Dec. 21 (Bloomberg) -- Singapore’s financial regulator is proposing new rules for unsecured consumer loans to stem credit card delinquencies and protect clients from borrowing more than they can afford.
Under the Monetary Authority of Singapore’s proposals, credit card and other unsecured debt holders with loans 60 days past due or carrying a balance exceeding two months of income for half a year would be barred from borrowing without collateral, the banking and capital markets regulator said in a consultation paper today.
Singapore, home to Southeast Asia’s three largest banks including DBS Group Holdings Ltd., saw lenders’ charge-off rates jump in the third quarter as the economy slows. Banks are seeking to boost fee income from services such as credit cards to help offset the region’s lowest loan profitability and a slowdown in borrowing.
“Lenders and borrowers both have a role to play in ensuring that credit cards and unsecured credit are used responsibly and within the borrower’s means to repay,” the central bank said in a statement.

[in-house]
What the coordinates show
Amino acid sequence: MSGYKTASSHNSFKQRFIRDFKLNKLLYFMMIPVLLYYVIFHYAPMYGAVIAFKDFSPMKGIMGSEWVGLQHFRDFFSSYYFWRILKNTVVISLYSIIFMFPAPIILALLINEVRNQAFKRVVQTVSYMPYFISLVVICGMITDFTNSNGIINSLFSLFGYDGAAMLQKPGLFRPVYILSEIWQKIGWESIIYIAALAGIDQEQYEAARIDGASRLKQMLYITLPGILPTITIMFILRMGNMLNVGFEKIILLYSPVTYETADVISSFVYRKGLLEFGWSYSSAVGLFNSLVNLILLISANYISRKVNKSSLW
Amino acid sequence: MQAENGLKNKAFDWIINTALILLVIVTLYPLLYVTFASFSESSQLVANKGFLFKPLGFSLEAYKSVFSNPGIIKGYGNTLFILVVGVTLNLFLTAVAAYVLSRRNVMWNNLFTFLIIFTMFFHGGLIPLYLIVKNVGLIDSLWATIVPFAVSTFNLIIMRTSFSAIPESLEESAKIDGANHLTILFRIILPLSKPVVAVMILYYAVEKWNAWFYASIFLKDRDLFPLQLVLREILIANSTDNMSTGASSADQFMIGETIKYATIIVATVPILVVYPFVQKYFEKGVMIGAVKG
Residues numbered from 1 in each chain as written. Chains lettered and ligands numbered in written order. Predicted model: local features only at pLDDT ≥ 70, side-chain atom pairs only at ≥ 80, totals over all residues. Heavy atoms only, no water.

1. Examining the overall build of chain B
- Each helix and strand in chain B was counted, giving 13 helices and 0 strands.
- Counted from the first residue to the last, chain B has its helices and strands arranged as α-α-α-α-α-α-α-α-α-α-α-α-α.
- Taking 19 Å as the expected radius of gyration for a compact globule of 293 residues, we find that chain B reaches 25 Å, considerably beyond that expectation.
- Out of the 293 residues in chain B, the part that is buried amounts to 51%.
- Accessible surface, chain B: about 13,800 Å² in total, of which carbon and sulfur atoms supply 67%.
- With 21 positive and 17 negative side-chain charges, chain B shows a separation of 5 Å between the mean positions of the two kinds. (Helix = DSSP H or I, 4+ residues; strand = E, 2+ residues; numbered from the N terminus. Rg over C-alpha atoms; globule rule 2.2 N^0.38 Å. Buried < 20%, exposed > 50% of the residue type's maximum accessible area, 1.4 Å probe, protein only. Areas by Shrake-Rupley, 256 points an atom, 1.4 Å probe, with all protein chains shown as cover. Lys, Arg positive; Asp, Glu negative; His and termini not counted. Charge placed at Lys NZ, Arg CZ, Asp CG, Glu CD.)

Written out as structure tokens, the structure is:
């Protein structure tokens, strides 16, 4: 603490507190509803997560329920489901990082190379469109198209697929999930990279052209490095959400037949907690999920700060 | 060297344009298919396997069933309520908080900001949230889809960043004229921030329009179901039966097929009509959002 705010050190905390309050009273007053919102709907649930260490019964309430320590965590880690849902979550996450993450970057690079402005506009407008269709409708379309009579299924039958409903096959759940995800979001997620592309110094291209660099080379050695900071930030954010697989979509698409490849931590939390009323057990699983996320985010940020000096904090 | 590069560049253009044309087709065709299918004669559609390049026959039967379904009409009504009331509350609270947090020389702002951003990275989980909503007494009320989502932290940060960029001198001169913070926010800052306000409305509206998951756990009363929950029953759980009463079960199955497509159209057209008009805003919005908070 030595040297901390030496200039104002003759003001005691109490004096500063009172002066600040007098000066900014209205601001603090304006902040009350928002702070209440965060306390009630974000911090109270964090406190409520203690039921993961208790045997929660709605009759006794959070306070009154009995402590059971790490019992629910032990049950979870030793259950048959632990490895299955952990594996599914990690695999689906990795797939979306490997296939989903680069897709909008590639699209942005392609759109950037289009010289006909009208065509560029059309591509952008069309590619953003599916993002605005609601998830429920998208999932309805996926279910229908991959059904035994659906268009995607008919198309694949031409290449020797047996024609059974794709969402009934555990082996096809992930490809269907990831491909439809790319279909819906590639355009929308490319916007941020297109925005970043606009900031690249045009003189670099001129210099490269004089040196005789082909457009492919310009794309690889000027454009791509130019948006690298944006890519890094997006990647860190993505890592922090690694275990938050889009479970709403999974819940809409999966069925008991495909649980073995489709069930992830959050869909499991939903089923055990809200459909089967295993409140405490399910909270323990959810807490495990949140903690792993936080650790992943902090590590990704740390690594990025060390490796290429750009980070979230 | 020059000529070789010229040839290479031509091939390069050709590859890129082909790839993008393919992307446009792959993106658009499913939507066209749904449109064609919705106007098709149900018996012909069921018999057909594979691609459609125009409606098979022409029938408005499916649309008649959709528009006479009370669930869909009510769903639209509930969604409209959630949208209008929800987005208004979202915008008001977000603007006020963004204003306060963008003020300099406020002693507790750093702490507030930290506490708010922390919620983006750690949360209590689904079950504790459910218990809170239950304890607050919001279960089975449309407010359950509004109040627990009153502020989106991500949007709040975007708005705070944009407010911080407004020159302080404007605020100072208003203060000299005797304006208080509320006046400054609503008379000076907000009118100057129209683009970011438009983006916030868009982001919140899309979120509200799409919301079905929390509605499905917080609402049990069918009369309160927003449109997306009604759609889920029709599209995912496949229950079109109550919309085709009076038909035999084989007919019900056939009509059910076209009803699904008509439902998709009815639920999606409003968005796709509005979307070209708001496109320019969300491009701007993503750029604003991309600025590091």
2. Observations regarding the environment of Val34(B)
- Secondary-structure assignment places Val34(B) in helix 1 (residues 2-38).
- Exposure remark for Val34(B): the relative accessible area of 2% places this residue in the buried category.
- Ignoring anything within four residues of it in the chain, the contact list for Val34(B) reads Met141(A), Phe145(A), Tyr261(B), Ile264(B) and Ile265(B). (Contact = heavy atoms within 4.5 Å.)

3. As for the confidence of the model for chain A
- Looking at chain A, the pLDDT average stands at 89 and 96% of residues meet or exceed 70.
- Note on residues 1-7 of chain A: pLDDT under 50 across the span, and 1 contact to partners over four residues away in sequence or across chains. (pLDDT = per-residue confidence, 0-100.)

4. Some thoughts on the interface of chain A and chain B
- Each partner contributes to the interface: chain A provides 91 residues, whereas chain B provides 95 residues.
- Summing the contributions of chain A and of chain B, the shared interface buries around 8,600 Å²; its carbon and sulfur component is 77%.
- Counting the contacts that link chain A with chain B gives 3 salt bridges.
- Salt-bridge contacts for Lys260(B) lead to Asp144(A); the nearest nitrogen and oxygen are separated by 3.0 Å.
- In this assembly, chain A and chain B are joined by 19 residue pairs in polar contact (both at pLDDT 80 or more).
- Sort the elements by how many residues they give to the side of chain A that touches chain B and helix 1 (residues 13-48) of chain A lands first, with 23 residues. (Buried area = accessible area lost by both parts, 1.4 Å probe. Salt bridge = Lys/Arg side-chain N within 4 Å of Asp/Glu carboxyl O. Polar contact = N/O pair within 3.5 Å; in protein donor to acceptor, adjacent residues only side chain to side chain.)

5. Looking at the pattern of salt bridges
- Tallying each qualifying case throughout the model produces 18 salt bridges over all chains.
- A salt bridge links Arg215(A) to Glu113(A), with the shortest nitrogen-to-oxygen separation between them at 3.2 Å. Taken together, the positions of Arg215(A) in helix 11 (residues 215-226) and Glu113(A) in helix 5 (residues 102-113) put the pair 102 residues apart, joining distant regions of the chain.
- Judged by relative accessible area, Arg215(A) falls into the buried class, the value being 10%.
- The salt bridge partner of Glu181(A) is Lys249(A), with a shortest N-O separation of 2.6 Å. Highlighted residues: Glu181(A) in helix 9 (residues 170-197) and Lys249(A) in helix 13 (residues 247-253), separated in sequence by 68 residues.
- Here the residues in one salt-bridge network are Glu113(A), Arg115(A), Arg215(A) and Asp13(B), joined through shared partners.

Singapore’s charge-off rates, or the ratio of bad-debt write-offs to average outstanding credit card debt, jumped to 5.1 percent in the third quarter from 4 percent in the fourth quarter last year, according to MAS data.
To keep debt loads from spiraling out of control, the MAS proposed that credit limit increases must be initiated by borrowers to eliminate unsolicited offers from credit card companies.
MAS proposals also include lender reviews of customers’ total outstanding debt and credit limits before issuing new cards or increasing credit limits. Billing statements should also clearly disclose the cost of delaying payments, the authority said.
Year-on-year loan growth for Singapore banks in October slowed to 17.9 percent, according to MAS data. Singapore banks earn the least on loans in the region, based on their average net interest margin of 1.99 percent, according to the most recent data compiled by Bloomberg.
Singapore’s economy is forecast by the government to grow at the slowest pace in three years in 2012 as faltering demand for its goods weighs on the Southeast Asian nation.
The economy will grow by 1 percent to 3 percent in 2013 after expanding about 1.5 percent this year, the Trade Ministry said in November. It had previously forecast growth of as much as 2.5 percent in 2012.
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